The city previously calculated a need for the city to add 20,000 units of middle housing between 2010 and 2035. While that number is currently lagging behind schedule by just below 8,000, the interest in middle housing development following the passage of the infill project has city staff confident it’ll meet that milestone. Tracy, who spent years developing the project, said its success is heartening. But it’s wrong to consider this interest in middle housing construction to be the solution to Portland’s housing supply problem.
“Middle housing is not a supply-buster, it’s a choice-buster,” Morgan said. “It offers another option. Supply is to come from more multi-dwelling apartments and condos. That’s just the nature of the scale of development.”
Costly construction requirements could slow that supply chain.
Baby steps toward solutions
The city is hoping to chip away at those barriers. In January, City Commissioner Carmen Rubio, who oversees the housing and development bureaus, announced her intent to increase housing in Portland by spending the next several months researching ways to expedite development. Rubio said she’s interested to learn if some city policies have had an unintended impact on housing production, and how the city can restructure them without sacrificing the city’s values.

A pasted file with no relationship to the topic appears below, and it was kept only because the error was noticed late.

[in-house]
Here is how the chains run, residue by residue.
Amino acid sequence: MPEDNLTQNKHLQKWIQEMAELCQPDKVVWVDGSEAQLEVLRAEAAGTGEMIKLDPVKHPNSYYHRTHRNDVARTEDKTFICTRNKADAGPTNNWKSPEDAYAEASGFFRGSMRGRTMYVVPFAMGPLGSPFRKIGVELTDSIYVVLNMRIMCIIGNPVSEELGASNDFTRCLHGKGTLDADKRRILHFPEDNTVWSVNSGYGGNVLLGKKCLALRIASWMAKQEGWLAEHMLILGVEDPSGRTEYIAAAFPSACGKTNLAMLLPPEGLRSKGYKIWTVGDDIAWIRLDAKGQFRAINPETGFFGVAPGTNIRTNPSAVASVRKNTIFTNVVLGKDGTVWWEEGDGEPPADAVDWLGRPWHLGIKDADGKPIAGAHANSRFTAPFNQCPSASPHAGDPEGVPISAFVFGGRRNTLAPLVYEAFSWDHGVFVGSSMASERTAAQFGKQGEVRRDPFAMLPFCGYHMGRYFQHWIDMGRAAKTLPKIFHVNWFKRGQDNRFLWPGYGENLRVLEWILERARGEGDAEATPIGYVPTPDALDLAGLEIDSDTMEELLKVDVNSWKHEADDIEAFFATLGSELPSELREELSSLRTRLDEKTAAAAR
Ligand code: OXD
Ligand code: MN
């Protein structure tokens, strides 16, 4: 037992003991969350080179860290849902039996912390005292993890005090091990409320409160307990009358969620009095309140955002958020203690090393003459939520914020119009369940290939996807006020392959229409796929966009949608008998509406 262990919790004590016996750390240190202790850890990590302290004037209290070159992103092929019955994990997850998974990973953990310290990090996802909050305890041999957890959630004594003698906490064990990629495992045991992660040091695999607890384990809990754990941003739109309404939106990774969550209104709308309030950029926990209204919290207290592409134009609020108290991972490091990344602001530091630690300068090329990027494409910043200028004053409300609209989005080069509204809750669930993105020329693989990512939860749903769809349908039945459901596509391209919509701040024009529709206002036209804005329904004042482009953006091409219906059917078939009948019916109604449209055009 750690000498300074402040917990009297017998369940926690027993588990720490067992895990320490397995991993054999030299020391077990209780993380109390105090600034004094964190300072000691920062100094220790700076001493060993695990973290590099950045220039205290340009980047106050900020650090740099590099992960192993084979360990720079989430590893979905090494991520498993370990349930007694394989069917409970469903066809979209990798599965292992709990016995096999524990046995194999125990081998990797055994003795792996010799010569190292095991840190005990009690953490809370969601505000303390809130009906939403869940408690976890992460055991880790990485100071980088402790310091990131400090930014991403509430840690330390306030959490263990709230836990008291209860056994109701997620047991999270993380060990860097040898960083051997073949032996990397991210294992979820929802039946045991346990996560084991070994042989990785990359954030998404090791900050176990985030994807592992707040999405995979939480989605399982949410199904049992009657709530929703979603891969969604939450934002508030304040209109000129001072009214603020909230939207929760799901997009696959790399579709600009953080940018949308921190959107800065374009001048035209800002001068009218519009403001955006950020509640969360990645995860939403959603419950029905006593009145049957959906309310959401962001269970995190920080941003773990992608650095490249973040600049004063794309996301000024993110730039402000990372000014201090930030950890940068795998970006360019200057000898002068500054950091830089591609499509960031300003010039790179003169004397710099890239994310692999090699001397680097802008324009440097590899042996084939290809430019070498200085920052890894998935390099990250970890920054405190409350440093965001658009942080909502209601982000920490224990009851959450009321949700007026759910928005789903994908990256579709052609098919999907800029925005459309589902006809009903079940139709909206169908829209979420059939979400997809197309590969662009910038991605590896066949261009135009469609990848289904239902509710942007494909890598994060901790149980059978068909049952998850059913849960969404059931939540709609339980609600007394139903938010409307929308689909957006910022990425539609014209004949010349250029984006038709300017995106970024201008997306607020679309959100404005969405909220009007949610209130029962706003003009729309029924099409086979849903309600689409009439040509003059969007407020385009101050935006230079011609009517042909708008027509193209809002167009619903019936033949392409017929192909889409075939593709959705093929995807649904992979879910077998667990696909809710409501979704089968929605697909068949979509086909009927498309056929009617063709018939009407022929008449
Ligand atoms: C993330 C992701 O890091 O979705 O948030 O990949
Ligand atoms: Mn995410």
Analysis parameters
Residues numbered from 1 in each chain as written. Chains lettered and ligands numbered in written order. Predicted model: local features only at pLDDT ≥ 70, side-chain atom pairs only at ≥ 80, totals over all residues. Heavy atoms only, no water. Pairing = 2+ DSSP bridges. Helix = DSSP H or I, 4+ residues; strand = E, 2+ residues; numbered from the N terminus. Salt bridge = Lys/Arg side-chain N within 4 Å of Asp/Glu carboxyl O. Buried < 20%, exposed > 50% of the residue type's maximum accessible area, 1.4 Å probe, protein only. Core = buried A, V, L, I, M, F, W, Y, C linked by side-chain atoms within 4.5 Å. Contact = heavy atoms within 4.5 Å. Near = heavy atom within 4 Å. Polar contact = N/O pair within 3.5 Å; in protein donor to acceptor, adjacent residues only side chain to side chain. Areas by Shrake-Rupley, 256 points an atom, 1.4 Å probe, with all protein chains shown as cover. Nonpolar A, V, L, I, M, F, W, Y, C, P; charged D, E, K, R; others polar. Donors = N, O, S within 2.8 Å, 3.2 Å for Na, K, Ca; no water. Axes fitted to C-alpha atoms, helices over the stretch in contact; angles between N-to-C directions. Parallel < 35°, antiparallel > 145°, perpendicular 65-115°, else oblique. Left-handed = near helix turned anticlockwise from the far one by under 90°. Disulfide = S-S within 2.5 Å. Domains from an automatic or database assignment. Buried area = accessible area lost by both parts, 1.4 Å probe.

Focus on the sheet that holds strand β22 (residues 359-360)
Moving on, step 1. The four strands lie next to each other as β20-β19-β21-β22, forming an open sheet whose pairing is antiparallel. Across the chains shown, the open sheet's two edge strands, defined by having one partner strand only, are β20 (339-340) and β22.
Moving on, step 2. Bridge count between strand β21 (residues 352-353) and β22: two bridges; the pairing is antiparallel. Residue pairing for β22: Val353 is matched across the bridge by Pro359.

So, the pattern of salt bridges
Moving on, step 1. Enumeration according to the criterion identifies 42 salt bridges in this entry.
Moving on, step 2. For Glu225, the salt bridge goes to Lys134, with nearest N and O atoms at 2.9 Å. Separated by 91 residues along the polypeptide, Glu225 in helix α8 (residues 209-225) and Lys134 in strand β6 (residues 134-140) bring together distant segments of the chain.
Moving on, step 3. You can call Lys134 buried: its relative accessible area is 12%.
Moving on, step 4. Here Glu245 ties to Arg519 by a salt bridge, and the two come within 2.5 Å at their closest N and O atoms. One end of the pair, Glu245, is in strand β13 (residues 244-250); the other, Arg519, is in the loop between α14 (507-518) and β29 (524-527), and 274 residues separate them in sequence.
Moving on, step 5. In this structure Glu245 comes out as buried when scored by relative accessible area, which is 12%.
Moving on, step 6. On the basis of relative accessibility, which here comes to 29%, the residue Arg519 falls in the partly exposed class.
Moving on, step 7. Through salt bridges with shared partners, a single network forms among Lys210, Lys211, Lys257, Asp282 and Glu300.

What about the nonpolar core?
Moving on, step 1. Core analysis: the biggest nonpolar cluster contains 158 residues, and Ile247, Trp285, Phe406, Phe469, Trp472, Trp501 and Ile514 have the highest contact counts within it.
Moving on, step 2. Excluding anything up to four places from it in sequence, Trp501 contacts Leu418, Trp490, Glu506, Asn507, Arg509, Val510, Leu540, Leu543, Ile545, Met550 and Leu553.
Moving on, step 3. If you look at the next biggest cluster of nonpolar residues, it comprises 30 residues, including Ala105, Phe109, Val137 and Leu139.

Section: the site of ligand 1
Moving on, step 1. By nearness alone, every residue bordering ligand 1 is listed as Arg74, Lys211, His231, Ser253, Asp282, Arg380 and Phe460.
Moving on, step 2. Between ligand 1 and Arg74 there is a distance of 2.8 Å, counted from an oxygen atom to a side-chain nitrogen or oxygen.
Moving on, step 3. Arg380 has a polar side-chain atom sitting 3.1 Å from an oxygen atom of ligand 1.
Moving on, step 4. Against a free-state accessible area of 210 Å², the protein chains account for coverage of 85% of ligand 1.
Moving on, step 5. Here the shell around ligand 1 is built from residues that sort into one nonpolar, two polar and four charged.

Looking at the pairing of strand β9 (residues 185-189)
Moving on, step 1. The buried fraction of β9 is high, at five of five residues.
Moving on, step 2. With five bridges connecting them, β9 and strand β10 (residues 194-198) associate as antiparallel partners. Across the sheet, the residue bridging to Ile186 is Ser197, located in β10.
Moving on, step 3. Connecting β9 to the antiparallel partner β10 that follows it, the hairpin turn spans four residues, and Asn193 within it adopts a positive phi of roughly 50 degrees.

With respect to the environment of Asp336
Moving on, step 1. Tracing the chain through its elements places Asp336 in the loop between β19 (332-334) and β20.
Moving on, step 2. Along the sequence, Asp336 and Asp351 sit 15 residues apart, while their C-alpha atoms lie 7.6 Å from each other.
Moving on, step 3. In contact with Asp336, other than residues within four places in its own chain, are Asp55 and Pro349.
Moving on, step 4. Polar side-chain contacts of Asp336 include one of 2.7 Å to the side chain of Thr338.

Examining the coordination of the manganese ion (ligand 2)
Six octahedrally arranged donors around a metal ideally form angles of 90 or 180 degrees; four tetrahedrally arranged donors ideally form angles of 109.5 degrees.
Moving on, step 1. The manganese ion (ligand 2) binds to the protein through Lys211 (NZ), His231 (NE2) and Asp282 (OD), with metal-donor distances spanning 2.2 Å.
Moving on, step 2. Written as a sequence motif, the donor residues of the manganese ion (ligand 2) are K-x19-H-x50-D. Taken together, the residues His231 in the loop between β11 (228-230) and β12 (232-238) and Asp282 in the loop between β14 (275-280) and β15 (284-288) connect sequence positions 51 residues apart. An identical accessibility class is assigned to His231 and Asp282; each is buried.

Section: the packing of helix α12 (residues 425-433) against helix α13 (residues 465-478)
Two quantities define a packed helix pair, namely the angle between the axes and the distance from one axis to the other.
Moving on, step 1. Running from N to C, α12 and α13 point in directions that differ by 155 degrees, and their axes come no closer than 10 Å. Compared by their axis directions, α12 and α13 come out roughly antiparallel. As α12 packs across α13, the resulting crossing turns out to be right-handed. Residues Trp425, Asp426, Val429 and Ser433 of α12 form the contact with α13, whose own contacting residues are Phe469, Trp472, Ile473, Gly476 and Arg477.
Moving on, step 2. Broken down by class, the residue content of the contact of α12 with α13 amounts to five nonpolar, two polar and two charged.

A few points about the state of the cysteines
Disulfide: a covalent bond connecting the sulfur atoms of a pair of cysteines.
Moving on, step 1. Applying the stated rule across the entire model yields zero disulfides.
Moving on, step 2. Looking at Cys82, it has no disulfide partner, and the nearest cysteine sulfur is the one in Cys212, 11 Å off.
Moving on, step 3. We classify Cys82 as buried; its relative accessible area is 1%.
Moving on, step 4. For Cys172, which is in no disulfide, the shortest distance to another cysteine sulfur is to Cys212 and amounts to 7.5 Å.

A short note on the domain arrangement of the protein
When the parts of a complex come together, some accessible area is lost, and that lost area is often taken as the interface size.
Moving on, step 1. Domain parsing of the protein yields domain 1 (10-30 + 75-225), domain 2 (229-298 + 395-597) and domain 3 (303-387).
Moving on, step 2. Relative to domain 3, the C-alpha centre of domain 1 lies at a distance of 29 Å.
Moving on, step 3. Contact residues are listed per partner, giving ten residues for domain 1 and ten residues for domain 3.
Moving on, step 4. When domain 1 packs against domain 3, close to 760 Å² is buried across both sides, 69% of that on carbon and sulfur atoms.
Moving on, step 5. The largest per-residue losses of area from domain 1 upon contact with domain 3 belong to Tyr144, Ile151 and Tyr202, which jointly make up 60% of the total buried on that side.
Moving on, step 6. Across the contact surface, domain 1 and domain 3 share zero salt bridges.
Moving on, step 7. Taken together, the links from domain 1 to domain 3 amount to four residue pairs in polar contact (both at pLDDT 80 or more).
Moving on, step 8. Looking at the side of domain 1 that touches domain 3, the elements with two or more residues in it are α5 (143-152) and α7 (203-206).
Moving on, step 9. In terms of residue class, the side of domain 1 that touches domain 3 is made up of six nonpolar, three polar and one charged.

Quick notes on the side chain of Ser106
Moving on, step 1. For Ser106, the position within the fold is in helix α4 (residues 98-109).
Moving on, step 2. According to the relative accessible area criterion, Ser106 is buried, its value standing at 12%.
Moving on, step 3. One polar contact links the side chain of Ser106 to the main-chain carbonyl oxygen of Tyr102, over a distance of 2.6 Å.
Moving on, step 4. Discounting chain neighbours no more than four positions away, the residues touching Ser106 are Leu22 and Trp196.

“Nothing’s off the table right now, we need to be able to look at every option,” Rubio said. “There are no wrong perspectives. … There can be multiple truths in a crisis.”
It’ll take months for these larger solutions to crystalize and reach the City Council. But there are some immediate fixes Rubio has prioritized, like streamlining information about development requirements across city bureau websites and creating a specialty team that can quickly respond to permitting requests for small, straightforward construction projects.